International comparison of the levels and potential correlates of objectively measured sedentary time and physical activity among three-to-four-year-old children

Kaiseree Dias*, James White, Russ Jago, Greet Cardon , Rachel Davey , Kathleen Janz , Russell Pate , Jardena Puder , John Reilly , Ruth Kipping

*Corresponding author for this work

Research output: Contribution to journalArticle (Academic Journal)

2 Citations (Scopus)
263 Downloads (Pure)

Abstract

Physical activity (PA) patterns track from childhood through to adulthood. The study aimed to determine the levels and correlates of sedentary time (ST), total PA (TPA), and moderate-to-vigorous PA (MVPA) in preschool-aged children. We conducted cross-sectional analyses of 1052 children aged three-to-four-years-old from six studies included in the International Children’s Accelerometry Database. Multilevel linear regression models adjusting for age, gender, season, minutes of wear time, and study clustering effects were used to estimate associations between age, gender, country, season, ethnicity, parental education, day of the week, time of sunrise, time of sunset, and hours of daylight and the daily minutes spent in ST, TPA, and MVPA. Across the UK, Switzerland, Belgium, and the USA, children in our analysis sample spent 490 min in ST per day and 30.0% and 21.2% of children did not engage in recommended daily TPA (≥180 min) and MVPA (≥60 min) guidelines. There was evidence for an association between all 10 potential correlates analyzed and at least one of the outcome variables; average daily minutes spent in ST, TPA and/or MVPA. These correlates can inform the design of public health interventions internationally to decrease ST and increase PA in preschoolers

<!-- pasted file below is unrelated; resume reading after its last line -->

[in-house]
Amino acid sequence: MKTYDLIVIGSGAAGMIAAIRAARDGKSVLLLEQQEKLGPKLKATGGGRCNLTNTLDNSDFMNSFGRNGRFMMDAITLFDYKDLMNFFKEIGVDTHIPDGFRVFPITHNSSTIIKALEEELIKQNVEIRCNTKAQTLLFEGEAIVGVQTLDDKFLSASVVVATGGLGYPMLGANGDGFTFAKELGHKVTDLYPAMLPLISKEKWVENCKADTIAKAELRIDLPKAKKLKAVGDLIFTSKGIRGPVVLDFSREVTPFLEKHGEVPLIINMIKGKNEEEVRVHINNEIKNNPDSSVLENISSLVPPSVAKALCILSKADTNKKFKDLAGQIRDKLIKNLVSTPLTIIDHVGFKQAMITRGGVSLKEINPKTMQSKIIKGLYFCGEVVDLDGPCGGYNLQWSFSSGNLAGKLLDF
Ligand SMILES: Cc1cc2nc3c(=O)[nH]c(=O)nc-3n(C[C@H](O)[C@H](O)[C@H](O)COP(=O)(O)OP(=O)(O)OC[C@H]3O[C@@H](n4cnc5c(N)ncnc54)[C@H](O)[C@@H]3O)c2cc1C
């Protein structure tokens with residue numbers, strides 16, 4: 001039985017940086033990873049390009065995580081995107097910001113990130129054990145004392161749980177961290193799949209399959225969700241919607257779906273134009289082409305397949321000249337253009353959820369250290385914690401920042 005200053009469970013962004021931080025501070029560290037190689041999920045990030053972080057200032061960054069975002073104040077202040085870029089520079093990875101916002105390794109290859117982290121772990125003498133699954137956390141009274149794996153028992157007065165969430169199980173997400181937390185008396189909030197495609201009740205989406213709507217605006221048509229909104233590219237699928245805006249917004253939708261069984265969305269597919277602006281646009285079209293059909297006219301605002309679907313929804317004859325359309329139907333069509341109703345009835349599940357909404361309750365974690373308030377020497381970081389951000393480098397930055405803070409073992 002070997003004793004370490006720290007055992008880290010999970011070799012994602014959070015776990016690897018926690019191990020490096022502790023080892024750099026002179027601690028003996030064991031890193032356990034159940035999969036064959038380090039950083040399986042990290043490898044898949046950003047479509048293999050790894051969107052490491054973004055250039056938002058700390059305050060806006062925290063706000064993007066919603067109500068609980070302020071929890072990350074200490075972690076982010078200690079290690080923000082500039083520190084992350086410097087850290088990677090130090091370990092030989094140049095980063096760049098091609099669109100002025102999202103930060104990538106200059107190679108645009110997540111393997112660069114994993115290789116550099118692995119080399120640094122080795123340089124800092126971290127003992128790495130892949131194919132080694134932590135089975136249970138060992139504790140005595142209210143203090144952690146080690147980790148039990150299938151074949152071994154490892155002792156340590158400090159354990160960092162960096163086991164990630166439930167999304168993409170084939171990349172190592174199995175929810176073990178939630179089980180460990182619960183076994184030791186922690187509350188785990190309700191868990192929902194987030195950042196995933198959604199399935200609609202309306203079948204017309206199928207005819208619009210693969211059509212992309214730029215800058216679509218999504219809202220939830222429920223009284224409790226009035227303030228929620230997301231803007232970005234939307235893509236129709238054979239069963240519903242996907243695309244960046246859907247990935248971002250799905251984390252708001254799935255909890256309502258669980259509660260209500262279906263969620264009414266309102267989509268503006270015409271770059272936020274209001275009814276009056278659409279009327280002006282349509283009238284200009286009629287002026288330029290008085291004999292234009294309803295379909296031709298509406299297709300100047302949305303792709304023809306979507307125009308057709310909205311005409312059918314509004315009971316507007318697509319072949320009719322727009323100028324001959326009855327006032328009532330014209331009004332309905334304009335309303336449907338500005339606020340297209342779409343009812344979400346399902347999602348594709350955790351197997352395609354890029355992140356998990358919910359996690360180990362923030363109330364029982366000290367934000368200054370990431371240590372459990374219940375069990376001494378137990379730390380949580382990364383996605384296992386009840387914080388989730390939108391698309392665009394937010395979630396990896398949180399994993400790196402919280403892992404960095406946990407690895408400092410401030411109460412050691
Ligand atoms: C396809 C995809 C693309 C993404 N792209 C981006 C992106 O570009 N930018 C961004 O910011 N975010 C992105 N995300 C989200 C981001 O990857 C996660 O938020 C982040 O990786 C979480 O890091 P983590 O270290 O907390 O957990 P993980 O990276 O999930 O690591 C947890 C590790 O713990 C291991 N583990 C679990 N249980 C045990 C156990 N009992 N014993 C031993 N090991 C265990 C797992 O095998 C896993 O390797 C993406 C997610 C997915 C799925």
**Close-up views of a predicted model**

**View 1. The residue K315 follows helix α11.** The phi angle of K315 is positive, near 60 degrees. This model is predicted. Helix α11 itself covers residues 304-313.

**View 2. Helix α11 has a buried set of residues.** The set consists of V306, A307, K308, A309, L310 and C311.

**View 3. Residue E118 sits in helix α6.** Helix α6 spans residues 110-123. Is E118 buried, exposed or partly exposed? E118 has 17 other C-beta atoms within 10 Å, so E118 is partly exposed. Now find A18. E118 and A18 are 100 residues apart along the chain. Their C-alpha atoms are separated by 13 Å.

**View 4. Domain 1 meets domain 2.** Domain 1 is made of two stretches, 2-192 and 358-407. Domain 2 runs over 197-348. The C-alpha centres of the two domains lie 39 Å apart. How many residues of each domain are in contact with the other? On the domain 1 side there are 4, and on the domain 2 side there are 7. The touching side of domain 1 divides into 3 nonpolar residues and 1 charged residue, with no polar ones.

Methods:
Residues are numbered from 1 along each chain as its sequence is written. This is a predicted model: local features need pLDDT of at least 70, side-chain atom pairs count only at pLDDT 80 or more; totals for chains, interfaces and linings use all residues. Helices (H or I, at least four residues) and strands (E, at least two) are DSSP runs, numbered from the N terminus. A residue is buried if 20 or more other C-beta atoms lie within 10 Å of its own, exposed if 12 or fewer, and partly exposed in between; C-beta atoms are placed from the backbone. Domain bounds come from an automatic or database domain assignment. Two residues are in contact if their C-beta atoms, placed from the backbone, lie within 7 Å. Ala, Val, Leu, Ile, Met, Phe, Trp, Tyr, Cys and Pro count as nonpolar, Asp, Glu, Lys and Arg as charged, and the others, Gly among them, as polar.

Original languageEnglish
Article number1929
Number of pages16
JournalInternational Journal of Environmental Research and Public Health
Volume16
Issue number11
Early online date31 May 2019
DOIs
Publication statusPublished - 1 Jun 2019

Structured keywords

  • DECIPHer

Keywords

  • child
  • preschool
  • accelerometry
  • physical activity
  • sedentary behaviour
  • cross-sectional studies
  • ICAD

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